You know what I dread? I dread the nasty, personal and offensive attacks that are coming Obama's way because the Republicans don't know how to lose. This gap that they see developing between the Reps and Dems will be bridged with some toxic swift-boating.

And then it will be interesting to see what happens. Will people allow themselves to be distracted by it? We're all waiting for the fat lady to sing.

'Tis a beautiful life! said...

While I agree about McCain on most of your points - to be honest he doesn't seem half as scary a prospect as Sarah Palin does. The idea that that woman could be in the white house is scarier to the world than the wall street crisis

The Rogue said...

I agree with you about McCain and his archaeic policies and everything. I watched an Obama give an interview on God TV, and he's impressive! On God TV! He talked about everything from religion to abortion to Iraq, very well at that! Obama beats his counterpart hands down on every front by a large margin - Age, policies, attitude, intelligence and he is exactly what America needs right now, but do they know it?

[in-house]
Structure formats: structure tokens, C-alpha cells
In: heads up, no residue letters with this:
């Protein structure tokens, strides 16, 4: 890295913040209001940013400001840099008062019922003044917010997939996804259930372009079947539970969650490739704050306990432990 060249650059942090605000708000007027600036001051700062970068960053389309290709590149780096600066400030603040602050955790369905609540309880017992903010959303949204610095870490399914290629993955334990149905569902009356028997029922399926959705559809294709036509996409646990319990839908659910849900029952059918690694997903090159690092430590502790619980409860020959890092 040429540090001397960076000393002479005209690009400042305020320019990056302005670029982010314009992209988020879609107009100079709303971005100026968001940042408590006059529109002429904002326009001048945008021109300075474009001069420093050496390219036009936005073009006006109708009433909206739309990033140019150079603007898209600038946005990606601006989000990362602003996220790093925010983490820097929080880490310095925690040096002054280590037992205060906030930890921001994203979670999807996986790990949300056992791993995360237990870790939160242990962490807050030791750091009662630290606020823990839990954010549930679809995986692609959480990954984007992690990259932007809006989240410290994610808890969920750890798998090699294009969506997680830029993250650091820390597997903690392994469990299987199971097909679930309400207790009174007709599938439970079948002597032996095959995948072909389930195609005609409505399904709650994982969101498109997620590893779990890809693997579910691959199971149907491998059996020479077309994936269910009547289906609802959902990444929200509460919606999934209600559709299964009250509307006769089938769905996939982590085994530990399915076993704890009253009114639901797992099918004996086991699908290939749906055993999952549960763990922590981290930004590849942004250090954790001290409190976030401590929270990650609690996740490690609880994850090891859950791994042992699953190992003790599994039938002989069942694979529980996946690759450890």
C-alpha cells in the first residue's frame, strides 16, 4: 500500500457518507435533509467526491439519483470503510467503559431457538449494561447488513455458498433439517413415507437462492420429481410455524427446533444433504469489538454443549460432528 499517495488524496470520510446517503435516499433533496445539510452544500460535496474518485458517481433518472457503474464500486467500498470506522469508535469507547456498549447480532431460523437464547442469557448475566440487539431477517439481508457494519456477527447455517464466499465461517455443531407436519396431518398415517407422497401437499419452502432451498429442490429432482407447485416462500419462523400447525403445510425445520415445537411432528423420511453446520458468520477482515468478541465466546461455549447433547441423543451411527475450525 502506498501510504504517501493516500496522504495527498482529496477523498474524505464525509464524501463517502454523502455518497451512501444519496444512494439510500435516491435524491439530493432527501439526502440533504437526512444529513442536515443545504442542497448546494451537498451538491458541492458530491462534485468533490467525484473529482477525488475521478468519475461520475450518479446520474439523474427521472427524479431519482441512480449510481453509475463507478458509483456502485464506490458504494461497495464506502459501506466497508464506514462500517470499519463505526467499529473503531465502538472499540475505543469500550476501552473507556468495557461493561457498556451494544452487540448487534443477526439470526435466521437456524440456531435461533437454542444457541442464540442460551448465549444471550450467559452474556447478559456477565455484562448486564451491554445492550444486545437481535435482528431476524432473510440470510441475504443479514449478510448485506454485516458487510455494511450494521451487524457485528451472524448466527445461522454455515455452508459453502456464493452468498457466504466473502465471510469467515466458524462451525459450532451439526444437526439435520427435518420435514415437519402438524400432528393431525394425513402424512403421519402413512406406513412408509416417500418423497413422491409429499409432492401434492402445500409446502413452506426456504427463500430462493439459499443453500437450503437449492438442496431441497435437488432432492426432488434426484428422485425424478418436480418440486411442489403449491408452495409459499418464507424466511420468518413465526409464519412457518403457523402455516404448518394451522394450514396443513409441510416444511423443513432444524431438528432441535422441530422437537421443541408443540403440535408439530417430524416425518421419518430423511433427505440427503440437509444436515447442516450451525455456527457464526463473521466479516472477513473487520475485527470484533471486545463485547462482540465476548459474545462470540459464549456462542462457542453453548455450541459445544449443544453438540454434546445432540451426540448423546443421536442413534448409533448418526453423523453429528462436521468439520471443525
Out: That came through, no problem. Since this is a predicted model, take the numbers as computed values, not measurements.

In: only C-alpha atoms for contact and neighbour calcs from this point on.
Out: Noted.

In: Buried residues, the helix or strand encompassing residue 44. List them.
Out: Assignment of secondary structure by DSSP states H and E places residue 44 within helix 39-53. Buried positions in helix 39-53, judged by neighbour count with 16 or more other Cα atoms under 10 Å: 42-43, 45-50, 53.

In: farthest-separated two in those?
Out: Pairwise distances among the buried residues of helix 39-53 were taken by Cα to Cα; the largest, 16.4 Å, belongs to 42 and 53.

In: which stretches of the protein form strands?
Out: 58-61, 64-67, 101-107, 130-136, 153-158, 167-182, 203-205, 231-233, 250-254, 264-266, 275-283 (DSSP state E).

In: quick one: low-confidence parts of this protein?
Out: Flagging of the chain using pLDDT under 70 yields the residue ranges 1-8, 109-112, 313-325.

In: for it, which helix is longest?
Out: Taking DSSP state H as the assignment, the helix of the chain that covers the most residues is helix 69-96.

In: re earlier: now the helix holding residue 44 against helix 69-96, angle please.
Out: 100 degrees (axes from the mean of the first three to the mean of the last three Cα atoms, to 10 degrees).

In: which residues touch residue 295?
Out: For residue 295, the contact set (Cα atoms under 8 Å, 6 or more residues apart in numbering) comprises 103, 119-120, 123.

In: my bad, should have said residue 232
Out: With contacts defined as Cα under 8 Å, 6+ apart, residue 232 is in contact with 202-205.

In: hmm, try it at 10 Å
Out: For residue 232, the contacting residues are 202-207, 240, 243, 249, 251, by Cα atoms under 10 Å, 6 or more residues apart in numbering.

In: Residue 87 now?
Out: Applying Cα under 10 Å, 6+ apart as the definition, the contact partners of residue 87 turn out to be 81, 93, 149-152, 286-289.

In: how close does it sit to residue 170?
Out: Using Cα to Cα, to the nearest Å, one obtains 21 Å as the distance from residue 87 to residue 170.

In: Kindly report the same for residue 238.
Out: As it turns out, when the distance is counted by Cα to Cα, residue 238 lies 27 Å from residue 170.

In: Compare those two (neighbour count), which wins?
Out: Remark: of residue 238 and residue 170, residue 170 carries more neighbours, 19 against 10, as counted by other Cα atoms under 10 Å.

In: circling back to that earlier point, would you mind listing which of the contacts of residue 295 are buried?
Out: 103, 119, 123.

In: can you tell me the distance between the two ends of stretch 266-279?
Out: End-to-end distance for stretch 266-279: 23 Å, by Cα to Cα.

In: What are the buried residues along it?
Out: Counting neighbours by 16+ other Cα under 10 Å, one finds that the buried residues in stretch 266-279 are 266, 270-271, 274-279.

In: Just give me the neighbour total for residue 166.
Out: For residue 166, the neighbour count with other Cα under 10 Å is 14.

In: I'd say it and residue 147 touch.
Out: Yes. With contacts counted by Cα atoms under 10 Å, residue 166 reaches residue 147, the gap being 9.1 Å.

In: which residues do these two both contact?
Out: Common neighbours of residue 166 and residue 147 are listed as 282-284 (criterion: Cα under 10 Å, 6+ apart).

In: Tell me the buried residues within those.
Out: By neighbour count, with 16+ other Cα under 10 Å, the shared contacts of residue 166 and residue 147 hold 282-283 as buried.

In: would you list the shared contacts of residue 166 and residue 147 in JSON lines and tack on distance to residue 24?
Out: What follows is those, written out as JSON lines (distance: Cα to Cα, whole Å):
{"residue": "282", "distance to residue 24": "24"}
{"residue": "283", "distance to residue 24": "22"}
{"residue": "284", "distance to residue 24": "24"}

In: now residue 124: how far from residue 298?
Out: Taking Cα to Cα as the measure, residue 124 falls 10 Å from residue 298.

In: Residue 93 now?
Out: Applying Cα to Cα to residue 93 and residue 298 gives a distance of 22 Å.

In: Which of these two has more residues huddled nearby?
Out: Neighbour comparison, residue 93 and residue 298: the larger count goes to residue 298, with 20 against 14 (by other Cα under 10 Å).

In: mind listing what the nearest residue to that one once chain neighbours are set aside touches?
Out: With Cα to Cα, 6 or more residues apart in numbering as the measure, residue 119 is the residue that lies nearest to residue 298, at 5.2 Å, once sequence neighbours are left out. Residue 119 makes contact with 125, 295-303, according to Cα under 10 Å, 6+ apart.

Unknown said...

Hi Alaphia

Great post, and i completely agree with you. The stats from the polls were interesting and show how out of synch McCain is. Obama does, I believe, have what it takes on all counts. Aided by a crucial world view and perspective given his international background that McCain can never have. As for Sarah Palin, the less said the better. I really believe the Republicans are in decline.

Alaphia Zoyab said...

Hi oncloud9,

Oh I absolutely agree. Sarah Palin's utter and complete ignorance is frightening.

Rogue - You make a valid point. I can only hope that the lead in the polls that Obama is showing means that people see it.

David - I hope you are right but this thing is not over till its over! Remember Al Gore and GWB?

Rohan said...

Obama advocates ripping apart babies in their mothers' wombs.